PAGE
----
We’d like to highlight one of this year’s outstanding graduates. Oswaldo “Oz” Contreras, a SLI program participant and student at Jordan Matthews High School, earned the prestigious Morehead-Cain Scholarship to attend UNC-Chapel Hill. His parents, who completed only elementary school, escaped a civil war in El Salvador. Oz excels in his AP classes, serves as captain of his school’s soccer team, translates his family’s bills and mail, and frequently wakes up before dawn to earn money before school starts. Oz’s story was recently featured on the NBC Nightly News with Brian Williams. (See it here: http://www.msnbc.msn.com/id/3032619/#27200009) The Morehead-Cain, widely recognized as one of the most distinguished undergraduate scholarships in the world, covers full tuition and all expenses for four years of study, as well as summer enrichment programs and grants for personal exploration.
To raise awareness and scholarship funds, SLI hosted a benefit dinner on February 27th , 2009, in the FedEx Global Education Center at UNC-Chapel Hill. The dinner, which drew nearly 150 guests, featured campus “celebrity waiters,” including as Rhodes Scholars, the Student Body President, Chancellor Emeritus Moeser, favorite professors, and members of the women’s national championship soccer team. Douglas García, Assistant Secretary of Education for the Commonwealth of Virginia, was the keynote speaker, addressing issues regarding Latinos in education. SLI mentors and mentees also shared their personal stories with guests.
Finally, A Home on the Field, by SLI board member Paul Cuadros, was recently selected as the 2009 Summer Reading Program book at UNC-Chapel Hill which is read by all entering freshmen. The book chronicles the story of a Latino high school soccer team in Siler City, where SLI began. A Home on the Field addresses many issues affecting Latino immigrants in North Carolina, telling a story of incredible perseverance in the face of tough obstacles.
SLI is making a marked difference in the lives of our scholars and their communities, and we look forward to your continued support as our program grows!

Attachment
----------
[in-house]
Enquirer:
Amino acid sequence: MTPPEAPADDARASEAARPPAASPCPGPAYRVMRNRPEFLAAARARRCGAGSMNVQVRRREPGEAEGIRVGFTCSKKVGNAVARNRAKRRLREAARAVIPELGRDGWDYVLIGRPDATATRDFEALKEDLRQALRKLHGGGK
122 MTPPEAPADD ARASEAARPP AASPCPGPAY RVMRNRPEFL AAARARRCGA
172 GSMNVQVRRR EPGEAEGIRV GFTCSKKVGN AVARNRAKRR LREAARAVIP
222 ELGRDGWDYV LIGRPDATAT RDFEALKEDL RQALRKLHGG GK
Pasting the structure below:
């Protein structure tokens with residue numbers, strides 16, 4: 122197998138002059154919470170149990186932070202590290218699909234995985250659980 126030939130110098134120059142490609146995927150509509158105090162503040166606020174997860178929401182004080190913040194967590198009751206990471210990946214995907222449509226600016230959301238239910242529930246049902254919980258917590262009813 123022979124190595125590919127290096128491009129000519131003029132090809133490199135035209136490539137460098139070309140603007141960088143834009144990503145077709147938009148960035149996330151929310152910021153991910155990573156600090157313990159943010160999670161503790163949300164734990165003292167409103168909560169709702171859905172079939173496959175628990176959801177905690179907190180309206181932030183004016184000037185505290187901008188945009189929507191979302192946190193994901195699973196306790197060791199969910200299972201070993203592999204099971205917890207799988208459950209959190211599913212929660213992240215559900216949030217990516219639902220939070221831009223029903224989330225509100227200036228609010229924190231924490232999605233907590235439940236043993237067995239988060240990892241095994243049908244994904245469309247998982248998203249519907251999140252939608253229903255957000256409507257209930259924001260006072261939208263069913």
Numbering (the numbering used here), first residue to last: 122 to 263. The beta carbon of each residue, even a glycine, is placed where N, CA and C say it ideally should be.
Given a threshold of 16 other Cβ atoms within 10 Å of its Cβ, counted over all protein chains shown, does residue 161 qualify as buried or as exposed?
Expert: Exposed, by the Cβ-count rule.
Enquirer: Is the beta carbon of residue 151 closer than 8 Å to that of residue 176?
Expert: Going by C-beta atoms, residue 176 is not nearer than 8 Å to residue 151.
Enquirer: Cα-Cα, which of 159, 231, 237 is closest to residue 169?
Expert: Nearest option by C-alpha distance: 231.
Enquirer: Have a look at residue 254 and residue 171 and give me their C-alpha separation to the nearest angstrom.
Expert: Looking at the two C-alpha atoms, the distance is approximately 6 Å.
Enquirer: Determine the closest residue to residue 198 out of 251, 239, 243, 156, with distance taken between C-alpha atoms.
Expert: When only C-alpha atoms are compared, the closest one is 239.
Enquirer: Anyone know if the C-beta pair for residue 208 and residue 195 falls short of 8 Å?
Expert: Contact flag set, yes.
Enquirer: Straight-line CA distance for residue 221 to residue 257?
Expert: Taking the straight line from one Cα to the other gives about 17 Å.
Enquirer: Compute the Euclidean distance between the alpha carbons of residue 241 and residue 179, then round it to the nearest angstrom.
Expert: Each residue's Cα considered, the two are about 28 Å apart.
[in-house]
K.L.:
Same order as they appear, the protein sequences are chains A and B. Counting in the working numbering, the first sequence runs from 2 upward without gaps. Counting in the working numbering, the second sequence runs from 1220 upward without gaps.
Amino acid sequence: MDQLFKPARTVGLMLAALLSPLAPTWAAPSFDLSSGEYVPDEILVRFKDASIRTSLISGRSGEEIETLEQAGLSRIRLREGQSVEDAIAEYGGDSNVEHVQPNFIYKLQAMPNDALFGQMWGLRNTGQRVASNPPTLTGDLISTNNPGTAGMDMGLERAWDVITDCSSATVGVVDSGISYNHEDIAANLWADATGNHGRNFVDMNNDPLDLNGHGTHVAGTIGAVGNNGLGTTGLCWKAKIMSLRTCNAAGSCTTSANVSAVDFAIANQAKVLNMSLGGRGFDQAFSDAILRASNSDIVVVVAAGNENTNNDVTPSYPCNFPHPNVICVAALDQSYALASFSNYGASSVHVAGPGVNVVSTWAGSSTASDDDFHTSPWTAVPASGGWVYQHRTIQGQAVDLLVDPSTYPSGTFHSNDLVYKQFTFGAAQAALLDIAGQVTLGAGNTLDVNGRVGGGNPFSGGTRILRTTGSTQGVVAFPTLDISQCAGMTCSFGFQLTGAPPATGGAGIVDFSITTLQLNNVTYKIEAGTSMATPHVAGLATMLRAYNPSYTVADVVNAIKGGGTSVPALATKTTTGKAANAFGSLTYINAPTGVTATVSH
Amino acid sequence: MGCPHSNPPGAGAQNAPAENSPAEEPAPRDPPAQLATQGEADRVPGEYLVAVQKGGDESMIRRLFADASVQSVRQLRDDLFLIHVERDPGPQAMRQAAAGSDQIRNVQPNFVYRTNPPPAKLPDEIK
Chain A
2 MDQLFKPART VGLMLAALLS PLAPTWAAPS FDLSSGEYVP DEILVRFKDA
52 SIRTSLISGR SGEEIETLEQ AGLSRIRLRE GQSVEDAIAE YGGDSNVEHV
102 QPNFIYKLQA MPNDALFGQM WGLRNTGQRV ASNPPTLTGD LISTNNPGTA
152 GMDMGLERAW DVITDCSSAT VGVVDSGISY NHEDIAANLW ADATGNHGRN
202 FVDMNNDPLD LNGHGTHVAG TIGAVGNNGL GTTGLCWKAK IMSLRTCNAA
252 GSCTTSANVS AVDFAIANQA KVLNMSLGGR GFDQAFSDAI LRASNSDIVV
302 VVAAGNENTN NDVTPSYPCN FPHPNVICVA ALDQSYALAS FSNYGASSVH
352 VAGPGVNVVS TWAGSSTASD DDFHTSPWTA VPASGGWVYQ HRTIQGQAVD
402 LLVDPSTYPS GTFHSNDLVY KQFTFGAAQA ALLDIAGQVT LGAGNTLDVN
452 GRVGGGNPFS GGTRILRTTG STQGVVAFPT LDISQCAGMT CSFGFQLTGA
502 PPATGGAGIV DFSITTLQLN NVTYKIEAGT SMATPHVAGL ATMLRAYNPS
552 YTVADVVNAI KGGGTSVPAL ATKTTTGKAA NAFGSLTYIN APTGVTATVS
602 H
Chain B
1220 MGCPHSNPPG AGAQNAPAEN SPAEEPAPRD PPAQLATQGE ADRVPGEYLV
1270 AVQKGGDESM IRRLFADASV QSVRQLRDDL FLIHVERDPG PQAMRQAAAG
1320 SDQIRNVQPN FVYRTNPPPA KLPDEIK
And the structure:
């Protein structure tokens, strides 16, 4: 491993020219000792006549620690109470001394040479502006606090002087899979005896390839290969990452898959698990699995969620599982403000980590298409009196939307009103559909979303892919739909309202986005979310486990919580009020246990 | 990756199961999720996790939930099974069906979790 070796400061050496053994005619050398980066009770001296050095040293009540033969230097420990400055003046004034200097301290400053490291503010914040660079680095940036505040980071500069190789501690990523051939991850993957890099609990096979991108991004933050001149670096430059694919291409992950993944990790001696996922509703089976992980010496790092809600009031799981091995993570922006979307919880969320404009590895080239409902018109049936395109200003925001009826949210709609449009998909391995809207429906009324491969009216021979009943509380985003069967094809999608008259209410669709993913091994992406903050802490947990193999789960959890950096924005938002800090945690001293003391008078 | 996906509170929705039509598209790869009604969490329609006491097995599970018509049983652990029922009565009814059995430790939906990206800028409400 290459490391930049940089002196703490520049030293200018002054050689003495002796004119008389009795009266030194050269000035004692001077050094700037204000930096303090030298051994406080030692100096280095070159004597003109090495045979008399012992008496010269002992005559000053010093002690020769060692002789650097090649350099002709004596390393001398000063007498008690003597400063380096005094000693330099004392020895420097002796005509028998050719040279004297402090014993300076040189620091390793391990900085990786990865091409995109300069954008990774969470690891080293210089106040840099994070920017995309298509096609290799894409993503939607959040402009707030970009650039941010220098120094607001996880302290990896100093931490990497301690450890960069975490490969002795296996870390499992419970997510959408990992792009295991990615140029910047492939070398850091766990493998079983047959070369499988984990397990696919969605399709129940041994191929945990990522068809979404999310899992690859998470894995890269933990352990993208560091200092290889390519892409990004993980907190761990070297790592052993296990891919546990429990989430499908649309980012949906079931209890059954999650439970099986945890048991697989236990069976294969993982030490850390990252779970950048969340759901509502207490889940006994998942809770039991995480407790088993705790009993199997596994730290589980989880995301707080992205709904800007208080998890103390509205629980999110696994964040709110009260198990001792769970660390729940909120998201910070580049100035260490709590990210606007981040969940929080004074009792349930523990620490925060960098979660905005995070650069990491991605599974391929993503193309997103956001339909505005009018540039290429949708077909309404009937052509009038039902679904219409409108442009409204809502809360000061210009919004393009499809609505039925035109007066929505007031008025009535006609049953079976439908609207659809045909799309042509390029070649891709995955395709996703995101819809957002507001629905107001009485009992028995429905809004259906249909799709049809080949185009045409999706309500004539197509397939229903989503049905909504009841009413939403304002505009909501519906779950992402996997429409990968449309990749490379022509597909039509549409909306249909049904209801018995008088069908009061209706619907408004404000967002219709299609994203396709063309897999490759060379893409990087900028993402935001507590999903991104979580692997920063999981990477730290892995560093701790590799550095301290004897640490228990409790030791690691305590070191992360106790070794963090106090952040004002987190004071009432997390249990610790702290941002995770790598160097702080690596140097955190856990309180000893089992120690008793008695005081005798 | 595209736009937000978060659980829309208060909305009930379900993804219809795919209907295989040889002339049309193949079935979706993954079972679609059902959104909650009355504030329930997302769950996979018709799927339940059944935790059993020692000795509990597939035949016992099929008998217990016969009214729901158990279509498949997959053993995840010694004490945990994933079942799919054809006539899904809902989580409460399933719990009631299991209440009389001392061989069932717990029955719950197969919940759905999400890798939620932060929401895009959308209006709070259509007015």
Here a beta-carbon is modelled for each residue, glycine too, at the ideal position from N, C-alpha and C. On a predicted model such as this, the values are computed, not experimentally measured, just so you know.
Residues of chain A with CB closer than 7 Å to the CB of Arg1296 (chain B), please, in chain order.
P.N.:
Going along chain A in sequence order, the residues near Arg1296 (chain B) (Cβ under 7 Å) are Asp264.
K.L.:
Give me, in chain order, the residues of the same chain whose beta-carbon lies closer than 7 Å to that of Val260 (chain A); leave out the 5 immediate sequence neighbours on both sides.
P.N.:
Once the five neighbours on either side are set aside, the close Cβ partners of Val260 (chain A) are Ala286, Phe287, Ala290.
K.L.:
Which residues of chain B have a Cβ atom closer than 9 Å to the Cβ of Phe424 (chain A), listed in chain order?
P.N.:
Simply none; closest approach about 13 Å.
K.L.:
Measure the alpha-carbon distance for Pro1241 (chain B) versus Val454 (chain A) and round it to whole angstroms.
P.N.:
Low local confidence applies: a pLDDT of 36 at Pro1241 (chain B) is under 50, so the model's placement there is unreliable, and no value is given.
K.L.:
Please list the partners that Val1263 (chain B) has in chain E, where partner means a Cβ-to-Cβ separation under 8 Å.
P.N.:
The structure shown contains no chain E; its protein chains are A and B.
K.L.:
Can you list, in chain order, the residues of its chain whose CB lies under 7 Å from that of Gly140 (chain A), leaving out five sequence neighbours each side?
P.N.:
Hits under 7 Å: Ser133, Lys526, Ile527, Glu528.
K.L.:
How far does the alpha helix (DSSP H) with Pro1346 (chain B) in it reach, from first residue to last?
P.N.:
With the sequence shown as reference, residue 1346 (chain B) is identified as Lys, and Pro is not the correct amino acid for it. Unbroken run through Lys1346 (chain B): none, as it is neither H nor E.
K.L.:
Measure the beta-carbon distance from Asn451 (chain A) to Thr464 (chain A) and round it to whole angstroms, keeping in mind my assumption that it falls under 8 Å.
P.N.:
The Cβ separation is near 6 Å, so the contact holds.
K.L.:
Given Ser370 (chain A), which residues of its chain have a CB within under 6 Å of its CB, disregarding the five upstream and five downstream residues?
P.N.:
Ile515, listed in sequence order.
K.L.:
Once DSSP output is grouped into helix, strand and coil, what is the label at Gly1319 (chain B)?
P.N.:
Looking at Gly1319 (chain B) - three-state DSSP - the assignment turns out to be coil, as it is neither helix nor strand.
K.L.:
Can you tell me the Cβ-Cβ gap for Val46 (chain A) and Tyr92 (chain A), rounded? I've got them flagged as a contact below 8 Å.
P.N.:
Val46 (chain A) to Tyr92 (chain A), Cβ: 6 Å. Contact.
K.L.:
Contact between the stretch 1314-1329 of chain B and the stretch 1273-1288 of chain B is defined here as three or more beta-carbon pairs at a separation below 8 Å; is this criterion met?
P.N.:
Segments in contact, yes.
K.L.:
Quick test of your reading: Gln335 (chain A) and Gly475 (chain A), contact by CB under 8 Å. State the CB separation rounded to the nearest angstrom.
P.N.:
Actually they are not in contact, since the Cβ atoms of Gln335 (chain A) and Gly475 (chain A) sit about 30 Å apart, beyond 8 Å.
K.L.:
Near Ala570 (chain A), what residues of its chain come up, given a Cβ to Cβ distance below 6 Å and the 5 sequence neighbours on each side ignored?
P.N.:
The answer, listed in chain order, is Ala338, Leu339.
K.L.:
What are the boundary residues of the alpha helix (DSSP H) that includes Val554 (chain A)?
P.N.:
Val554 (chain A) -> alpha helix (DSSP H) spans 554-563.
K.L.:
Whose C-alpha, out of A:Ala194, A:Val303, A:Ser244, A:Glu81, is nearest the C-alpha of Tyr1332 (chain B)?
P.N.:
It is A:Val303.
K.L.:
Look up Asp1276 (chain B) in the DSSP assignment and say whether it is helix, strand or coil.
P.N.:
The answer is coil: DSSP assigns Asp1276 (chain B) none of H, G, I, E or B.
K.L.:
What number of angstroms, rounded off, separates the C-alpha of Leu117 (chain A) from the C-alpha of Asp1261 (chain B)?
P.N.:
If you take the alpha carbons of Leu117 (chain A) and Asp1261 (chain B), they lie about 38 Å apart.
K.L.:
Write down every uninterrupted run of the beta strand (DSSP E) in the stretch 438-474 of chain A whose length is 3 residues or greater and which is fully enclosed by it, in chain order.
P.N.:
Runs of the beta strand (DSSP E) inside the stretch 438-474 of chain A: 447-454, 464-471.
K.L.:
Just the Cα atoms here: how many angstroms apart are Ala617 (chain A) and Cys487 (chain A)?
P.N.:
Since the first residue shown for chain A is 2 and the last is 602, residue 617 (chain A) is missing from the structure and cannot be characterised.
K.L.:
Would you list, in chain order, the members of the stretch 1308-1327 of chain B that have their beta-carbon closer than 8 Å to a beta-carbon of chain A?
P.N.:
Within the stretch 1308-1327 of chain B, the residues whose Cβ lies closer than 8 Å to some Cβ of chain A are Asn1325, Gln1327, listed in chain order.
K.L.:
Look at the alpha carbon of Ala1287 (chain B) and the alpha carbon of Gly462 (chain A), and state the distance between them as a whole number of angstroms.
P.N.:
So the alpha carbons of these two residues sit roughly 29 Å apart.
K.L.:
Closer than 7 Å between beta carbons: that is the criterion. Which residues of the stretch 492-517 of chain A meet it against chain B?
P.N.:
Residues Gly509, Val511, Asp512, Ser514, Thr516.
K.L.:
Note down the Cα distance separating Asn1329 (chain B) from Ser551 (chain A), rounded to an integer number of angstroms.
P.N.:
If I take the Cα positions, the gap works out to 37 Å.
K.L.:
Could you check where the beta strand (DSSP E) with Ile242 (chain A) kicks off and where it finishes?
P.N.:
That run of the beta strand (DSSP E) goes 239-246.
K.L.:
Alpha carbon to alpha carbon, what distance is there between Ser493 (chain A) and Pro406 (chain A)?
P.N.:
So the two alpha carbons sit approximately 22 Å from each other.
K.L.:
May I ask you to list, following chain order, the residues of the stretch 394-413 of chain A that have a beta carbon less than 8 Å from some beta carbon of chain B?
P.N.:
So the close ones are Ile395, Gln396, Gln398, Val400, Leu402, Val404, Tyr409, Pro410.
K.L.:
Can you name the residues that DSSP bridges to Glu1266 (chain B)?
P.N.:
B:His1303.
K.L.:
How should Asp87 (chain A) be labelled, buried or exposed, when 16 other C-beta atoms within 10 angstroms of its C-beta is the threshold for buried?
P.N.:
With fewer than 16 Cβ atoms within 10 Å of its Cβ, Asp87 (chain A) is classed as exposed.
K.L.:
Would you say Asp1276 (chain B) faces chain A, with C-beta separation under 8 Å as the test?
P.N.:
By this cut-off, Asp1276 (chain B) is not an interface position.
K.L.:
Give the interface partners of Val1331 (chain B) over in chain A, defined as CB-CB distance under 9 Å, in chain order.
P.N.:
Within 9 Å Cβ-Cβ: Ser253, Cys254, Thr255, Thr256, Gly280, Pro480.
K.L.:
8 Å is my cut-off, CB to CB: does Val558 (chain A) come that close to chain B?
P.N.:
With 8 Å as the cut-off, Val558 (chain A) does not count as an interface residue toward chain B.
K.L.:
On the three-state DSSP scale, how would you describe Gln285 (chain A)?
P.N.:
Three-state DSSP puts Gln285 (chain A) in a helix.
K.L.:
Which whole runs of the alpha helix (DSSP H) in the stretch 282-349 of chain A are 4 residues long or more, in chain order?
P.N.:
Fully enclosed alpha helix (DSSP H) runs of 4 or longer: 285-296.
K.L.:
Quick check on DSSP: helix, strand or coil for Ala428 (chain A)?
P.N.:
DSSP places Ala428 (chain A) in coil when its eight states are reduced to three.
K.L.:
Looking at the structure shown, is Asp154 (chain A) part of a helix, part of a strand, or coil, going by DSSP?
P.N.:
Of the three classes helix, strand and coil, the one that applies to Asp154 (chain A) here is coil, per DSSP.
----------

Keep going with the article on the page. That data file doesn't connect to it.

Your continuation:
Scholars’ Latino Initiative had much success in spring 2008 and looks forward to additional growth in the 2008-2009 academic year. The program is now housed under the UNC Center for Global Initiatives and continues to increase awareness of Latino education issues on the UNC campus and in North Carolina. We look forward to additional collaboration with both the Center for Global Initiatives and the UNC Institute for the Study of the Americas.
In May 2008, the Siler City and UNC communities celebrated the graduation of eight members of the SLI program at Jordan Matthews High School in Chatham County. Seven of the eight graduates were admitted into four-year colleges, including Harvard, Amherst, Guildford, University of Richmond, University of North Carolina-Chapel Hill, UNC-Greensboro, Appalachian State, and Meredith College. Many of these students received scholarships to assist with the cost of college attendance from SLI’s Scholarship Fund.
The 2008-2009 academic year will be one of much-anticipated growth, as Scholars’ Latino Initiative continues to expand to other under-resourced communities. In August, Scholars’ Latino Initiative will expand into Lee County, making a total of three rural North Carolina Counties served by SLI-North Carolina centered at the University of North Carolina in Chapel Hill (Chatham County, Asheboro County, and Lee County). Also in August, at the University of Richmond, the new SLI-Virginia branch will assemble its first conference with Virginia school district officials to select sites for SLI's expansion.
As SLI continues to expand in North Carolina and Virginia, the need for scholarship fund support is even greater. In the future, we look forward to additional growth of Public Service Corp, a program where SLI’s high school students assist younger, at-risk kids from their community.
Look for additional updates in the coming months as SLI continues to grow!
This fall, SLI welcomed twelve new pairs of Latino/a high school students and their undergraduate mentors. We are pleased to welcome them into the SLI community as they begin their pursuit of a higher education.
1) We’re delighted to announce that college acceptances for SLI seniors are arriving weekly! The University of North Carolina at Greensboro has accepted two SLI seniors, as has East Carolina University. We’re also proud to say that one of our seniors has received a full scholarship to Guilford College.
2) University of North Carolina at Chapel Hill chancellor James Moeser expressed his support for SLI this November when he visited Jordan Matthews High School to meet with the mentors and their students.
3) Janet Jarman, the award-winning photojournalist and documentary producer, who is based in Mexico, will be visiting Jordan Matthews High School February 6th and 7th. Jarman's work has been published in The New York Times, The Smithsonian Magazine, National Geographic Traveler, Newsweek, Fortune, and on MSNBC.COM.
3) SLI students also started a letter writing campaign to thank North Carolina governor Mike Easley for supporting educational access for all undocumented students at NC community colleges, thus strengthening North Carolina’s future economy and its workforce, and maintaining the fight to keep higher education accessible to all people.
4) Plans to expand SLI to two other rural North Carolina counties have been drafted following invitations from several school officials. Keep an eye out for more information on our exciting growth in the next report.